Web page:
Tourism and cultural industries face a challenge as the global economy grows and tourism and cultural companies face a rise in costs.
Tourism, which employs about 30 per cent of Ireland’s GDP, is now worth more than €20bn a year, a figure that is expected to rise to around €60bn by 2021.
In recent years, the industry has seen a steep fall in demand from new travellers, who tend to be younger, less educated and less affluent than their older counterparts.
However, the economic downturn has brought with it a boom in tourism and the rise in hotel occupancy.
The Irish Tourism Board (ITB) is working on a new strategy to tackle this challenge.
In an open letter to the Government, the ITB chairman, Brian McCarthy, said the sector faced a “challenging” situation, and said the country needed to be more open about how it manages its assets and its business model.
He also pointed out that the global market was growing and that the industry was growing faster than the economy.
“In recent years tourism has become a key sector in the Irish economy, with an average growth rate of 10 per cent a year,” he said.
“Tourism is growing at a faster rate than the GDP.
Tourism and other cultural industries are facing an unprecedented challenge, with a significant rise in the costs of operating a business, the emergence of new technologies, and the increased complexity of the global tourism market.”
A number of initiatives will be put in place to help mitigate the impact of the financial crisis.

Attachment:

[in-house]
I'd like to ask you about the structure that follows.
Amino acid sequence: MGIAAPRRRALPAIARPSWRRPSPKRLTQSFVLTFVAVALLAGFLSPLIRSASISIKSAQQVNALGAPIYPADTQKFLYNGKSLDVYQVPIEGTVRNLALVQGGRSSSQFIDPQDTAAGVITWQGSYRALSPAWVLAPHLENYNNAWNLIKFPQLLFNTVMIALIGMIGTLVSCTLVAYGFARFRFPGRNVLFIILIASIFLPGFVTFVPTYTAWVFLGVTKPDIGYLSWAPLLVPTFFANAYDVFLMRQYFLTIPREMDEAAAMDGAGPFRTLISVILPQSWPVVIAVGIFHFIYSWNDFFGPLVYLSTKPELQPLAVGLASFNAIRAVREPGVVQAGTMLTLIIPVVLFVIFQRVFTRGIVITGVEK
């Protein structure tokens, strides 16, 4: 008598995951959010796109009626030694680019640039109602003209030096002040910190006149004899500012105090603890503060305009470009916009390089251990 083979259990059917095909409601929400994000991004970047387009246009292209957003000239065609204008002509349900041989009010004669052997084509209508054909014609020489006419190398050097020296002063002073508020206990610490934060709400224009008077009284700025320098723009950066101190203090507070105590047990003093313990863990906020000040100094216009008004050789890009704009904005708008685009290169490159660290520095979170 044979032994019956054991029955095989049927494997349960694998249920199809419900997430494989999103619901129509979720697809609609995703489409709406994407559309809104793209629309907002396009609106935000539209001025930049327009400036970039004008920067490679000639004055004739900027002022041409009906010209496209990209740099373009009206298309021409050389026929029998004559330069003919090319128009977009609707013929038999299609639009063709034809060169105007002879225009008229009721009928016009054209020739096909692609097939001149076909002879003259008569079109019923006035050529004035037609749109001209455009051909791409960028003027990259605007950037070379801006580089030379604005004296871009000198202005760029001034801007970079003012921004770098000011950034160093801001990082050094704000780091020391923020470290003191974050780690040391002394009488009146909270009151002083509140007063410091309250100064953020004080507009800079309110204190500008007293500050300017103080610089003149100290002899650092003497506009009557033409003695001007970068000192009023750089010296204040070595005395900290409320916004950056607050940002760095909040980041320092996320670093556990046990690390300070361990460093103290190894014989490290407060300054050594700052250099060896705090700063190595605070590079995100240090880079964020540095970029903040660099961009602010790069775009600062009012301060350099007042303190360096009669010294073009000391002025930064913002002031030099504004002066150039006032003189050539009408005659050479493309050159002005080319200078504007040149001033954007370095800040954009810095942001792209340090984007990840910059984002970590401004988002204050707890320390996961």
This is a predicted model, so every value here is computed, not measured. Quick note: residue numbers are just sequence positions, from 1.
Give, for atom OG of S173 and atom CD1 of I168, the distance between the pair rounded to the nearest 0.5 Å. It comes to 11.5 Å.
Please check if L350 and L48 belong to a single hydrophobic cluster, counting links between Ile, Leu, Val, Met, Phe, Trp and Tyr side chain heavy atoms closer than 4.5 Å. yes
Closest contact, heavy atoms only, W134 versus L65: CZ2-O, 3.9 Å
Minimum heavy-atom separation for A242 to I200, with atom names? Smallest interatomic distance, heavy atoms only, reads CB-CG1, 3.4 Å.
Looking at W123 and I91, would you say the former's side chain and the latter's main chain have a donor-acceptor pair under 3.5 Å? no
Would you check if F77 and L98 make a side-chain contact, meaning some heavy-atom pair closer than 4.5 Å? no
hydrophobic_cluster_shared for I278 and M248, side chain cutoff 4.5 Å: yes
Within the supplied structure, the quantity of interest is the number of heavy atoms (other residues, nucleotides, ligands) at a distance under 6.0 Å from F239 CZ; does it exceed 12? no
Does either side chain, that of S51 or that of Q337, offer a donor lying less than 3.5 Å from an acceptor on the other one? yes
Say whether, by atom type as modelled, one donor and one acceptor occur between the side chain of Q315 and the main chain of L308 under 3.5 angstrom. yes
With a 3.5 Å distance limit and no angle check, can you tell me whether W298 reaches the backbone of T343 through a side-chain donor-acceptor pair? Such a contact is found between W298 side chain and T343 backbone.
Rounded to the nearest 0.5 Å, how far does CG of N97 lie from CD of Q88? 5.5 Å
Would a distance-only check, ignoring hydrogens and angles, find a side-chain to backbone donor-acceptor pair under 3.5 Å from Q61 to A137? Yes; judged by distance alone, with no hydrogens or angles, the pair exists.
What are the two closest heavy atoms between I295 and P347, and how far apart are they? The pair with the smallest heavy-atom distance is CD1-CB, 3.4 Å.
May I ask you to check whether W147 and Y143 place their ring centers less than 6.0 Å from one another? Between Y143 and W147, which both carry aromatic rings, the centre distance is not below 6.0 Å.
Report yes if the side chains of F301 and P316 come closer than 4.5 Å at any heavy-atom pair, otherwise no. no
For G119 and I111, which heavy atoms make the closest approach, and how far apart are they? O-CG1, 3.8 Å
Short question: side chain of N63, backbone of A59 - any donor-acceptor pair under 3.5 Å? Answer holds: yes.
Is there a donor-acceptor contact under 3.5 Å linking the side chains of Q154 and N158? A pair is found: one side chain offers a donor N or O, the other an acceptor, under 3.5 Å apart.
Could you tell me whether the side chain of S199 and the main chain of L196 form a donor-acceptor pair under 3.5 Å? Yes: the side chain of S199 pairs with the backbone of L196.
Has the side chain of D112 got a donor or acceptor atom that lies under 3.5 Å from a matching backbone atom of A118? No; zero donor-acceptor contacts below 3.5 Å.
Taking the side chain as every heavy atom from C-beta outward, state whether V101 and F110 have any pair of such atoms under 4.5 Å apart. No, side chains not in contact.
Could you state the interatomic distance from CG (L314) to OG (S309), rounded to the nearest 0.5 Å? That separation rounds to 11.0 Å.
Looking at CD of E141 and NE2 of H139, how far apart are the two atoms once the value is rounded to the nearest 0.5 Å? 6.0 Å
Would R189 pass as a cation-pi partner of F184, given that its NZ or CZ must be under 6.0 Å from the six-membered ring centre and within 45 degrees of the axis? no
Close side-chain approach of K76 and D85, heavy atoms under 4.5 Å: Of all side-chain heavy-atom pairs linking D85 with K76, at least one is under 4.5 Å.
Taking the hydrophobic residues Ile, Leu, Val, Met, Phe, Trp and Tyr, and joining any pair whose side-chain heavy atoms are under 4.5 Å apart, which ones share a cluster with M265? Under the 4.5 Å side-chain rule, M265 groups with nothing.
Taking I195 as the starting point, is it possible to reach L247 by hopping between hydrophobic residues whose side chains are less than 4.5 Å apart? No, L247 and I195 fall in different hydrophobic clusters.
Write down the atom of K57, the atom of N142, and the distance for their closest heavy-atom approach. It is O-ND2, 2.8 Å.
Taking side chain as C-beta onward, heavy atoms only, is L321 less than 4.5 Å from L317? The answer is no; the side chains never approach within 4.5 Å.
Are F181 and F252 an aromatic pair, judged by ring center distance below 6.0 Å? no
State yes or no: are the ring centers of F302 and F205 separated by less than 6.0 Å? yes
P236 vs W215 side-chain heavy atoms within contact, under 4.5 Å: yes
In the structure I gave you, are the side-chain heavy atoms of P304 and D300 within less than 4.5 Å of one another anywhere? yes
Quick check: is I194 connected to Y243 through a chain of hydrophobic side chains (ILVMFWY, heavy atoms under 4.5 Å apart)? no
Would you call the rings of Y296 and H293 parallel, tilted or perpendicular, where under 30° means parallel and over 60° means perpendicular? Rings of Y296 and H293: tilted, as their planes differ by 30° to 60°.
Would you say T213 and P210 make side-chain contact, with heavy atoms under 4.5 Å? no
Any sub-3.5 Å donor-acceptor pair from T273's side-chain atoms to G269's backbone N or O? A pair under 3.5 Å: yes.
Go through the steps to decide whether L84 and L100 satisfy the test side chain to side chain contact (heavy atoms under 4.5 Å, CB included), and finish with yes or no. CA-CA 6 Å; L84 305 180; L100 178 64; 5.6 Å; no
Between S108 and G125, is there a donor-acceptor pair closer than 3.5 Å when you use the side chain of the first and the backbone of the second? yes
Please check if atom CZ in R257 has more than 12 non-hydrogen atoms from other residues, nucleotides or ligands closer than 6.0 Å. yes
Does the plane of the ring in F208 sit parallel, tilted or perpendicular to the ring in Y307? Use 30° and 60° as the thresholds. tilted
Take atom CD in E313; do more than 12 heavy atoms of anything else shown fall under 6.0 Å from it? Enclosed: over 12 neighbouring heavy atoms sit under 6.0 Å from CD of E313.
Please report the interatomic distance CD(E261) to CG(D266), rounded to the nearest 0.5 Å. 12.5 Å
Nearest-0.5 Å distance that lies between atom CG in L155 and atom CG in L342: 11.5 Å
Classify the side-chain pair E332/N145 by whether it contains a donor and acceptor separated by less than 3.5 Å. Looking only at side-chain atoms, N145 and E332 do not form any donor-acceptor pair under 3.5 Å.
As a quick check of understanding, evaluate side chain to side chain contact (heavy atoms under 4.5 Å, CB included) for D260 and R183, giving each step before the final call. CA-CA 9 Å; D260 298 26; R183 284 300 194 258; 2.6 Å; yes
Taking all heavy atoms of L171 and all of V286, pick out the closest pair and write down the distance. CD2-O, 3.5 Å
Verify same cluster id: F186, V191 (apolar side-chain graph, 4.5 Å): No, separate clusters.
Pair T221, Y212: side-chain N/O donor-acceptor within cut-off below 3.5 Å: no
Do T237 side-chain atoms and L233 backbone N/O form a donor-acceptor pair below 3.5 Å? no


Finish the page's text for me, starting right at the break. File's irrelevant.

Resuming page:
The Government is considering a number of measures, including: a new ‘tourism investment strategy’ to help encourage investment in Ireland’s cultural and tourism industries; a relaxation of some rules on how and where businesses can operate; a requirement for all commercial operators to have a financial capacity to pay taxes; and a plan to make the financial statements of companies public.
The Department of Jobs, Enterprise and Innovation has been looking at how to support the industry.
The agency will hold a series of public forums on the industry in the coming months.
“Ireland’s tourism industry is a vibrant, growing and competitive industry, and as the Government is aware of the importance of the sector, it is looking to address the challenges presented by the global economic environment,” it said in a statement.
“This is why the Government has announced a new investment strategy to ensure the economic benefits of the tourism sector are sustainable.
We are looking to make it easier for small businesses and small-scale businesses to access financial services, and to encourage the growth of the Irish tourism industry.”
In 2016, there were over 200,000 hotel rooms booked in Ireland, with occupancy rates around 20 per cent.
While tourism is a key part of the economy, the Government’s plans to improve the quality of hotel rooms, improve access to services, encourage visitors to come and explore the country and promote cultural and leisure opportunities are all key aspects of this strategy.
The tourism sector also plays a significant role in the health and well-being of the country.
It employs approximately 11,000 people and employs around 4,000 professionals, making it one of the most heavily taxed sectors of the economic system.
It accounts for about 12 per cent in the economy as a whole, and employs nearly 4 million people.